Our country is going through a historical ordeal. The courage, bravery, strength, compassion, and wisdom being exhibited by our doctors, nurses, healthcare workers, first responders, and people continuing to provide services for us is nothing short of inspirational, and we are all incredibly grateful for their efforts. We are all living a life we never imagined, and are caring for our families, our children, our parents, and our neighbors. We will get through this, we will prevail, and we will return to the joys our lives can bring.
However, we need to acknowledge that we are all experiencing stress and trauma, and while getting through this crisis safely is the prime goal, we need to recognize that there will be an emotional toll, both present and future. Fortunately, psychology has studied trauma, and there are things we can do to build up our emotional resilience, and to reduce harmful effects, and those are things we can begin practicing immediately.
Trauma is a complex interaction between events, perception, and personal history. After a traumatic experience it is normal to feel frightened, anxious, sad, isolated. When one feels helpless and hopeless, when events are unpredictable and uncontrollable, we can experience strong and painful emotions. It is essential to acknowledge and affirm each person’s unique reaction to stress and stressful events. What one feels are normal reactions to abnormal events.
Many of you have heard of the term PTSD (Post Traumatic Stress Disorder). PTSD occurs after a difficult event, and we may very likely see increased PTSD in our society in the future as a result of COVID-19. I believe we are also experiencing a different PTSD – Present Traumatic Stress Disorder. What is essential, and what I will highlight below, is that there are known principles and actions to take which will reduce our negative reactions, and improve mental health, quality of life, and feelings of well being. As you shelter in place, care for your families, here are some guidelines for dealing with the impact of this crisis.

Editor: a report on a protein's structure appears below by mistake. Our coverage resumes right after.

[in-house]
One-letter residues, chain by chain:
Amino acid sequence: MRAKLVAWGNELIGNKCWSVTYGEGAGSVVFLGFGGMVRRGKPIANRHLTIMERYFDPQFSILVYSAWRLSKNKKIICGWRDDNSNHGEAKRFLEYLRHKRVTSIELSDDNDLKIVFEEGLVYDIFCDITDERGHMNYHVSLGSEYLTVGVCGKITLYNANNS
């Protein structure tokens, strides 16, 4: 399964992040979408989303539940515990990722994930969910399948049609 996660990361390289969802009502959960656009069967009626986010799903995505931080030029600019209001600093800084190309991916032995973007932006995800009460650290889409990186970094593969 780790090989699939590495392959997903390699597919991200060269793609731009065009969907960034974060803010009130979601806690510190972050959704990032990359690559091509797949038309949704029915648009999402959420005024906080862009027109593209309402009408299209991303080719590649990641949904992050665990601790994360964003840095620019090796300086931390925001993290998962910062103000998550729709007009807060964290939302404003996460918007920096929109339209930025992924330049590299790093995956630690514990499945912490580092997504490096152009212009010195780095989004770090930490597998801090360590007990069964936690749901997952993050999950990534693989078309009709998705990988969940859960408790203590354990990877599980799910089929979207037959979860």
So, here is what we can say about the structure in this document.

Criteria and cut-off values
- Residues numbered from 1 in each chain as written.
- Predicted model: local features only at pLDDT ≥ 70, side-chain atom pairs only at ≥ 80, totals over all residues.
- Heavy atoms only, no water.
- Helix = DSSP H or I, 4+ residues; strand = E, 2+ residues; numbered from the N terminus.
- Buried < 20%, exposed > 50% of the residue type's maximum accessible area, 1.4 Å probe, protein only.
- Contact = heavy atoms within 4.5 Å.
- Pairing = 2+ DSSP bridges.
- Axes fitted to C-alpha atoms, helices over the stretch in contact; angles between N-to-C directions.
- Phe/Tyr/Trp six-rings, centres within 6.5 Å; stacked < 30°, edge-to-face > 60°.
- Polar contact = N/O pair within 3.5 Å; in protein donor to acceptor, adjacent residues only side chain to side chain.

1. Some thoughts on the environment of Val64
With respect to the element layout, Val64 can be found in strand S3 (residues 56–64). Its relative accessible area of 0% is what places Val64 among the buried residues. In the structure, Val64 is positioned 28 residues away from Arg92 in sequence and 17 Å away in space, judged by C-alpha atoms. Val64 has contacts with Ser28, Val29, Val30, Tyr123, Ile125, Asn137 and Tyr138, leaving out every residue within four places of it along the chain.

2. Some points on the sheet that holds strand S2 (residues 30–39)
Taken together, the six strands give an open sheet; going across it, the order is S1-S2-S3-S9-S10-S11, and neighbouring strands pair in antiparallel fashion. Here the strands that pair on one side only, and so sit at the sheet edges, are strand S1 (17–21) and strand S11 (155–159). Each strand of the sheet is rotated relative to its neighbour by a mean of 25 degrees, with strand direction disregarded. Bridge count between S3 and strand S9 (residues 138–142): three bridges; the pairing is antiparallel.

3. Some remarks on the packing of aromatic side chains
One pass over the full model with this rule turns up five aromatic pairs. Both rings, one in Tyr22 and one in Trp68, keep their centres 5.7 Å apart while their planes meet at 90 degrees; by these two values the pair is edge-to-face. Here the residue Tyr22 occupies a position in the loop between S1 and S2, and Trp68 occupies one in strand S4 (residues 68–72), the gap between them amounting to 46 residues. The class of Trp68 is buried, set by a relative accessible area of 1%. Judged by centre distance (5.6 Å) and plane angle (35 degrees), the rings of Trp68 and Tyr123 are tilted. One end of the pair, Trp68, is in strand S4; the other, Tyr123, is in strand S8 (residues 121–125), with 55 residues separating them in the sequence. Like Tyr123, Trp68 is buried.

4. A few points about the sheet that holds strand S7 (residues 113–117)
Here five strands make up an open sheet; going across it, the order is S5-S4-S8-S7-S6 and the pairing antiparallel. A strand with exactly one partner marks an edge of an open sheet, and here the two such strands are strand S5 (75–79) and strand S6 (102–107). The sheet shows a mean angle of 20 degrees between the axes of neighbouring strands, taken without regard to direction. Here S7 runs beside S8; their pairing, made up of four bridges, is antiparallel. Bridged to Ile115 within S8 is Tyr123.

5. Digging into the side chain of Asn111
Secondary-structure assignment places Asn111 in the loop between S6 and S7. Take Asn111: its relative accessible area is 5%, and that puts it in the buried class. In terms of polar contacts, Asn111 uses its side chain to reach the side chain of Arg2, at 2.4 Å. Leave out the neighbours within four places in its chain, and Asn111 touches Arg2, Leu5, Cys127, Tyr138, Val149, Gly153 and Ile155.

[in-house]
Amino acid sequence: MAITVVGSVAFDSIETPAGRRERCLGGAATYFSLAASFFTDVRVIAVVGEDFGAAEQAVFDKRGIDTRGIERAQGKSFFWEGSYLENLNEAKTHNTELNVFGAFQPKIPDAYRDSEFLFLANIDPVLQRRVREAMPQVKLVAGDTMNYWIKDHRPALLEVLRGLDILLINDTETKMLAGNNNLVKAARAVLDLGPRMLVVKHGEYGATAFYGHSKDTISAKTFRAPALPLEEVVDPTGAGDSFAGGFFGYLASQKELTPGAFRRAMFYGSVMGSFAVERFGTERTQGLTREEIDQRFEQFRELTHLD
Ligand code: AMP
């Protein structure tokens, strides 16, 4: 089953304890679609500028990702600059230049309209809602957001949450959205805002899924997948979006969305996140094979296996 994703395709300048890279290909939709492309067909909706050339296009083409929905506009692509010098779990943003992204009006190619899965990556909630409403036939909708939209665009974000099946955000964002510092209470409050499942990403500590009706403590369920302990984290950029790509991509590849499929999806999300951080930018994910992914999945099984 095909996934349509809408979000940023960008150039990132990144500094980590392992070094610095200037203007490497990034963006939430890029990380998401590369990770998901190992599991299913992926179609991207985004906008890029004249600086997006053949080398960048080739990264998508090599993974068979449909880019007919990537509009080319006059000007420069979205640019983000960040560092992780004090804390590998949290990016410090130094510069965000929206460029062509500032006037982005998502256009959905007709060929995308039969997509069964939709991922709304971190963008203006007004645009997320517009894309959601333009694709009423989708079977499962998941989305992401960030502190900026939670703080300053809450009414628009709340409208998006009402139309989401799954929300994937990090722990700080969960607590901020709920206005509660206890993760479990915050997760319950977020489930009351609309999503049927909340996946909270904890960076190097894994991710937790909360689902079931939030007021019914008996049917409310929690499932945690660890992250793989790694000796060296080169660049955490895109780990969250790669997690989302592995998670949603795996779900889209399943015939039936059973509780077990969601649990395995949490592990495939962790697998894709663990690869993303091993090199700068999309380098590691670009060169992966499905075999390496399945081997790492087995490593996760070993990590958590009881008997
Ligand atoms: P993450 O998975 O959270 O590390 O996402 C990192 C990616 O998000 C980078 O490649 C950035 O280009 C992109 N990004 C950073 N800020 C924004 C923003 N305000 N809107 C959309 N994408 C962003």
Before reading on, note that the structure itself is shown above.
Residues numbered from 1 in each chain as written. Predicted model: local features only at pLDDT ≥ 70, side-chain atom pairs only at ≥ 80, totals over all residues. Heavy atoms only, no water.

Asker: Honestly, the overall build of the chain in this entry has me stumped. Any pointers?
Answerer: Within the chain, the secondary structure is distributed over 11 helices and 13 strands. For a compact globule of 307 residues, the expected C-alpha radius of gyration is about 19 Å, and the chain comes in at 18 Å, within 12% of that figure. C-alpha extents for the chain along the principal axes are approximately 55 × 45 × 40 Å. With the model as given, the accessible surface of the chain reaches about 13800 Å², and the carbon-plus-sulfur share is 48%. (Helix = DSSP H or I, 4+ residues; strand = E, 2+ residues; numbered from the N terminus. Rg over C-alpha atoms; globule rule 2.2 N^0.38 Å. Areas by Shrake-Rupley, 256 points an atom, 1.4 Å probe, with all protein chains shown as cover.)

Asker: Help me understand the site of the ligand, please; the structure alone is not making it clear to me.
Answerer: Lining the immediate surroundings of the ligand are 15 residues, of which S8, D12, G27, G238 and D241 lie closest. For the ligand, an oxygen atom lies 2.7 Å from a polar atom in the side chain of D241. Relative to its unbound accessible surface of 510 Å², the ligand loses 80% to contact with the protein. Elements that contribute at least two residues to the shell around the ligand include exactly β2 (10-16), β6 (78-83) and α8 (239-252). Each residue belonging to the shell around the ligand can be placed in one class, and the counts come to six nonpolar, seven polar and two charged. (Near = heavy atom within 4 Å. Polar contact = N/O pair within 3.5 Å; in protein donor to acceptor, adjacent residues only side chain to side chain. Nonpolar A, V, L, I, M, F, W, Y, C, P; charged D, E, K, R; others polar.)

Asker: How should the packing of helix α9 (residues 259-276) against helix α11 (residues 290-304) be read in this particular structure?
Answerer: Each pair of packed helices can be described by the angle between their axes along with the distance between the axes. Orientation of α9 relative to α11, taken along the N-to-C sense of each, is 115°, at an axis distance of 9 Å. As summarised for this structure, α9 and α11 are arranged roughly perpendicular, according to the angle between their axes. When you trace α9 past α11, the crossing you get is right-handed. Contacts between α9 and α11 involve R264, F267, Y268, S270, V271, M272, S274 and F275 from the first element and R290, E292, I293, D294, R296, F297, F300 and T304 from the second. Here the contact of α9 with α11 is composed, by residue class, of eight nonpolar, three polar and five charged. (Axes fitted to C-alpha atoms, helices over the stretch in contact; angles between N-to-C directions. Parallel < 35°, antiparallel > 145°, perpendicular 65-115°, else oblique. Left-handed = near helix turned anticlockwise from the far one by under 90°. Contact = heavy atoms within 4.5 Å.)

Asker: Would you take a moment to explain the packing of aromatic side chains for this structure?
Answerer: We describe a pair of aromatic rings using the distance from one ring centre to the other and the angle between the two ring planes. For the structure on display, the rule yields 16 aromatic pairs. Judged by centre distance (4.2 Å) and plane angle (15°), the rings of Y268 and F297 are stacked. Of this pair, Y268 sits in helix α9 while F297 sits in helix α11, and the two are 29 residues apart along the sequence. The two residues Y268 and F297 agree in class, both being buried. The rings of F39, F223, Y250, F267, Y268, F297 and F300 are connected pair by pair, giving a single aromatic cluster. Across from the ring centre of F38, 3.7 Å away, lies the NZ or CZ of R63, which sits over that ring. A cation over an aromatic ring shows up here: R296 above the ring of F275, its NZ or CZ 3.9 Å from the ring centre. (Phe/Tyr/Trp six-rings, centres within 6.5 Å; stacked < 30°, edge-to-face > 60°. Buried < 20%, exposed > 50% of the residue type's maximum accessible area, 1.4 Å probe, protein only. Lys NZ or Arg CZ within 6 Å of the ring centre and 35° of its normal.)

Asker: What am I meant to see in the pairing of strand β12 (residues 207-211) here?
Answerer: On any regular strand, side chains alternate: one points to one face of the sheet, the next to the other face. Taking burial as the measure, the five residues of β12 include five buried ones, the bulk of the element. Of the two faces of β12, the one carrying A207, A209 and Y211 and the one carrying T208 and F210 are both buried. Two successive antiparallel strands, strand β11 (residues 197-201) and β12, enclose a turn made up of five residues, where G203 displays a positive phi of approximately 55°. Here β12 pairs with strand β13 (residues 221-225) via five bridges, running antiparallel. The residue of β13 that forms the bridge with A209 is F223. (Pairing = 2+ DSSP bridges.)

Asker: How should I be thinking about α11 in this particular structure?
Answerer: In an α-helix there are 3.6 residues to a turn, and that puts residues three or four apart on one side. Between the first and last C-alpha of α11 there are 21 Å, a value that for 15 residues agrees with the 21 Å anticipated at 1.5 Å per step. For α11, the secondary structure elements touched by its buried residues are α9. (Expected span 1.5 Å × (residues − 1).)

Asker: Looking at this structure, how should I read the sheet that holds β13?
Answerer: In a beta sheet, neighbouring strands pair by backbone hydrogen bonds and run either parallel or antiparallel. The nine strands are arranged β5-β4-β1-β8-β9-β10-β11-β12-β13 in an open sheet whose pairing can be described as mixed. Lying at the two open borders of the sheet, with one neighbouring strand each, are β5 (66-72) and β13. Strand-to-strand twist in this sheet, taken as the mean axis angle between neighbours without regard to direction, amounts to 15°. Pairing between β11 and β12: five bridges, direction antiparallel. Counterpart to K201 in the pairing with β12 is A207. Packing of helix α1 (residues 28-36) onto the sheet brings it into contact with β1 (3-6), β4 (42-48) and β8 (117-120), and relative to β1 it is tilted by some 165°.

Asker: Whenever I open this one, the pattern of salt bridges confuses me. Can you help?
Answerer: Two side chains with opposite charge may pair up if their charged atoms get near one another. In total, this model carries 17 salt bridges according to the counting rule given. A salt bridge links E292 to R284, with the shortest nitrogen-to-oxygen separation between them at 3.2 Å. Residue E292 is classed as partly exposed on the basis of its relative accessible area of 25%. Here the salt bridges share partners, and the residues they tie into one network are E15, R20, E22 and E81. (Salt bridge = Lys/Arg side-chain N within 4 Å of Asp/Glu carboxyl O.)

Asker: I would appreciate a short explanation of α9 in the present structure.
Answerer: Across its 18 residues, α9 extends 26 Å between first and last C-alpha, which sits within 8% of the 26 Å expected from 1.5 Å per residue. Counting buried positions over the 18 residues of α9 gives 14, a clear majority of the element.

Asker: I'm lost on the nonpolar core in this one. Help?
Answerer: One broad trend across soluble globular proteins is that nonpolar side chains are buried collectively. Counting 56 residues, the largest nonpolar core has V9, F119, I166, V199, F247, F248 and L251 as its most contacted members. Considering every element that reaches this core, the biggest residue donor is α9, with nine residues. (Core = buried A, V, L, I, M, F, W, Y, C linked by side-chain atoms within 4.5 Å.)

- Express Rather than Repress. We will all have a variety of feelings going through this crisis. It is essential to acknowledge and honor your feelings – they are never wrong. They are the products of your thinking and experience, and if your thinking changes, your feelings will change. However, the first step is accepting and not judging your emotional responses. We know there is great value in sharing your inner feelings with a trusted other. The key is finding someone who will validate your feelings, and not try and change them. That level of understanding and acceptance allows one to consider alternative ways of looking at things, and often coming up with a solution. Denying, pushing away, or repressing your feelings may have negative effects later. If you are listening to someone, a non-judgmental ear is often more valuable than advice. I often counsel people that “help not asked for is criticism”, and most of us shut down when we feel criticized.
- “What if” vs “What is”. Try and stay in the present. Our minds are capable of projecting off into the future and creating catastrophic scenarios. If you find yourself doing this, focus on what is (the present) rather than what if (the future). When we stay in the present, in what is, we are much more able to feel in control of the situation, and to create realistic action plans.